WorkSafe’s takeaway food industry blitz
WorkSafe has announced a blitz on the takeaway food industry this financial year.
Inspectors will randomly target workplaces in metropolitan and regional WA, to ensure they meet workplace health and safety standards.
Where workplaces don’t comply, they may be given verbal directions or improvement or prohibition notices.
We run through the things you can do to ensure you comply.
Under workplace health and safety laws, you have a duty to ensure a safe environment for your workers.
This includes regularly maintaining equipment so it works safely and efficiently, rectifying any defects and taking precautions to minimise the risk of accidents occurring.
WorkSafe’s role is to reduce workplace injuries and fatalities by assessing the risks in workplaces and working to eliminate hazards.
CCIWA Senior Workplace Health and Safety Practitioner Rachael Lincoln says the takeaway food industry employed a large proportion of new and young workers.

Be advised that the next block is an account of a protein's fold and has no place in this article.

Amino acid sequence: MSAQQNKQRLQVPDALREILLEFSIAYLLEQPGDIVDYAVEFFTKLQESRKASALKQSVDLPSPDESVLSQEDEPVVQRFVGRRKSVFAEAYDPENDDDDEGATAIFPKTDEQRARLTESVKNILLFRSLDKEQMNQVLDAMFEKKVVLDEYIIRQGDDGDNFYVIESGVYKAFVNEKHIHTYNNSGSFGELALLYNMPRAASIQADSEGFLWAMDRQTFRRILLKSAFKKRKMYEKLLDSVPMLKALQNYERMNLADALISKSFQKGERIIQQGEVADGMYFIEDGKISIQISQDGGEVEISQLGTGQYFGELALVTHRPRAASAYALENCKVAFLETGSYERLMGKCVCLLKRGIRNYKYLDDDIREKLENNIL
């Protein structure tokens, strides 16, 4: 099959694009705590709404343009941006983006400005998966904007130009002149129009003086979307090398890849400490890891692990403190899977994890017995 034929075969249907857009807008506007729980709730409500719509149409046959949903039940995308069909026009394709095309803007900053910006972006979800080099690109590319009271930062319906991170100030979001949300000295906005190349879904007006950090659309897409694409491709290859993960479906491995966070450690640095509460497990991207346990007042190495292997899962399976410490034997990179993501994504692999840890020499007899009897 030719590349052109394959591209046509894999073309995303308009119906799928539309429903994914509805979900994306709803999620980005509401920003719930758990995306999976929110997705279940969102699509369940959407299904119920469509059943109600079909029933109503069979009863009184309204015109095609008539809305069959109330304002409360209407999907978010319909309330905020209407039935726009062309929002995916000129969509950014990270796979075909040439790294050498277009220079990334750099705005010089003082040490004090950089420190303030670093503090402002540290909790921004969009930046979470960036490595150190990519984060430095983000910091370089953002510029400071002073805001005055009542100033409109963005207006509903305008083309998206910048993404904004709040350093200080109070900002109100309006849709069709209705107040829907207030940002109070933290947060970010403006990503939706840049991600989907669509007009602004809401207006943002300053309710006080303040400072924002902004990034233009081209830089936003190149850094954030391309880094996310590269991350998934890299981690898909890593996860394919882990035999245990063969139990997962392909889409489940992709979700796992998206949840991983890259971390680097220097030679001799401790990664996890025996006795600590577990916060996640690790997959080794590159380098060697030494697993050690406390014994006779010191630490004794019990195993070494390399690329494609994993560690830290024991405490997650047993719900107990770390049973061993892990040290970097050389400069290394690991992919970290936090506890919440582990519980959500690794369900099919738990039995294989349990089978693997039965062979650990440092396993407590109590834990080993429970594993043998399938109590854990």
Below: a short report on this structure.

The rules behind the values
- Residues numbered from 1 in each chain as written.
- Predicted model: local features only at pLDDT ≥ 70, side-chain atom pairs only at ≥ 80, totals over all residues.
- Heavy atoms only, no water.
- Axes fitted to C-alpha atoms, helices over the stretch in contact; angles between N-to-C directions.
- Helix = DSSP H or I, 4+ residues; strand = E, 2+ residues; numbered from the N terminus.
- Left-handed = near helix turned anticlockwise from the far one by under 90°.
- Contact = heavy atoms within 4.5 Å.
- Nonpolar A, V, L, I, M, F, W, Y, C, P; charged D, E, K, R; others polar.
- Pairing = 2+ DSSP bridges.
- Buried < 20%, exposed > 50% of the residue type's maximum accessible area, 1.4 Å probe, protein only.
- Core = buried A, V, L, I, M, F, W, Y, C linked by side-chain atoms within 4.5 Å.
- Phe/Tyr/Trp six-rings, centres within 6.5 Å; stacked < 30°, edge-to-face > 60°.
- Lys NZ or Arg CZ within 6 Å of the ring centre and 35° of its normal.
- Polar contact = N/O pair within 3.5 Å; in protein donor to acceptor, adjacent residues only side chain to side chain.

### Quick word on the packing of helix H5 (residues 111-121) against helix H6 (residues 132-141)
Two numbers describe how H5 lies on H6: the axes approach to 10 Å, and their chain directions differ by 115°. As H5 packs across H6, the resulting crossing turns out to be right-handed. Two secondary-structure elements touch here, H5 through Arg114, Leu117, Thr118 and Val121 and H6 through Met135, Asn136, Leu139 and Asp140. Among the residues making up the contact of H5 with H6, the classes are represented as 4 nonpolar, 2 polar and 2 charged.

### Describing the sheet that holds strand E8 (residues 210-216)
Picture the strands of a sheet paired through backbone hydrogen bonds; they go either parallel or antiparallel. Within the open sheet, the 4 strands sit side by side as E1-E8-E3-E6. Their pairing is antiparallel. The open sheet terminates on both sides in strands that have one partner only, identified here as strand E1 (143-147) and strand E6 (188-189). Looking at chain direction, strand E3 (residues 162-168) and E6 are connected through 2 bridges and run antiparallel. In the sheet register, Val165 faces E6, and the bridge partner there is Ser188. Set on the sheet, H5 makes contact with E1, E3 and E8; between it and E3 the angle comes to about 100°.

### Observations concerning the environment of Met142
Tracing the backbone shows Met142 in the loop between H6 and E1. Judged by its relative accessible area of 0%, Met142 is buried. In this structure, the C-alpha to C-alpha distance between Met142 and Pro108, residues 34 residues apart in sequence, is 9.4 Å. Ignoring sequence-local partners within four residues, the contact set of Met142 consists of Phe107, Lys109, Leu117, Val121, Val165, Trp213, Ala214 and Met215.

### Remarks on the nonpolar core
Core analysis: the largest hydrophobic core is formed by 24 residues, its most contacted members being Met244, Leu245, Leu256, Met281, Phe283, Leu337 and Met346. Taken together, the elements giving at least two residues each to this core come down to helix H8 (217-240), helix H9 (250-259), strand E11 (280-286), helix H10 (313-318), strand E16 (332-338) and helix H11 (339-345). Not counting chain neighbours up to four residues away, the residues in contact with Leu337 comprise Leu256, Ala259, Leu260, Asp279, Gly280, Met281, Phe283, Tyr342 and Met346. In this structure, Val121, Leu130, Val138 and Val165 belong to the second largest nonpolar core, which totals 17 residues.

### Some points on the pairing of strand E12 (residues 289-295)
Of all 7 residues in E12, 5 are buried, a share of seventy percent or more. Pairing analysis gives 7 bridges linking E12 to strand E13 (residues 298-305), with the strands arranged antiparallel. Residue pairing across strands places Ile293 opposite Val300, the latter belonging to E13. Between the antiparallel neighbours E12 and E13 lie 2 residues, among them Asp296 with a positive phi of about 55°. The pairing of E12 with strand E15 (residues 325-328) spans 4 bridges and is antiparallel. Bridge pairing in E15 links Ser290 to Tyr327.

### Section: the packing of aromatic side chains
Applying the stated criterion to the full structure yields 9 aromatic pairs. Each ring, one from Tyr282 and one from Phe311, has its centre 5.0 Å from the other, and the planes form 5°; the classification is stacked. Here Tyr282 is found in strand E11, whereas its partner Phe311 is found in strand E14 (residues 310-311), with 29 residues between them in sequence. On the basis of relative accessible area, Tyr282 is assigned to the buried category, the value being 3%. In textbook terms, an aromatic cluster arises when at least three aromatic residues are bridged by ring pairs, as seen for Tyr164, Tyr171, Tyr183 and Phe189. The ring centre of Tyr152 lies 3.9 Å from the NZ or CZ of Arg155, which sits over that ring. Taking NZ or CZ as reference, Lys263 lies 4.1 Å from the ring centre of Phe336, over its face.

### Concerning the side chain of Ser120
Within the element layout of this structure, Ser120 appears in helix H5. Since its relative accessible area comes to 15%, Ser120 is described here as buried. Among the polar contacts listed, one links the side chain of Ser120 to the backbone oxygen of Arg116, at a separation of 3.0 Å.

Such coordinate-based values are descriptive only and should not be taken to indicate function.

"These workers are more likely to be injured on the job so need a higher level of supervision,” she explains.
“Ensure your onboarding process provides a thorough induction into workplace safety, and communicates the health and safety knowledge they need.”
What are the risks?
If risks associated with takeaway food aren’t managed, it can result in serious injuries and harm to health.
WorkSafe will focus on areas where workplace injuries can occur, including:
- Manual tasks;
- Working at heights;
- Mobile plant;
- Machine guarding; and
- Hazardous substances.
How to mitigate the risks
WorkSafe has compiled a checklist to help you inspect your own workplace, which covers the priorities identified for their inspections.
As you go through the checklist, you should add any other hazards you spot.
The items where you tick ‘no’ need to be addressed.
If a hazard falls into the high or extreme risk category, based on your view of how likely the hazard is to cause an injury, you need to fix it straight away.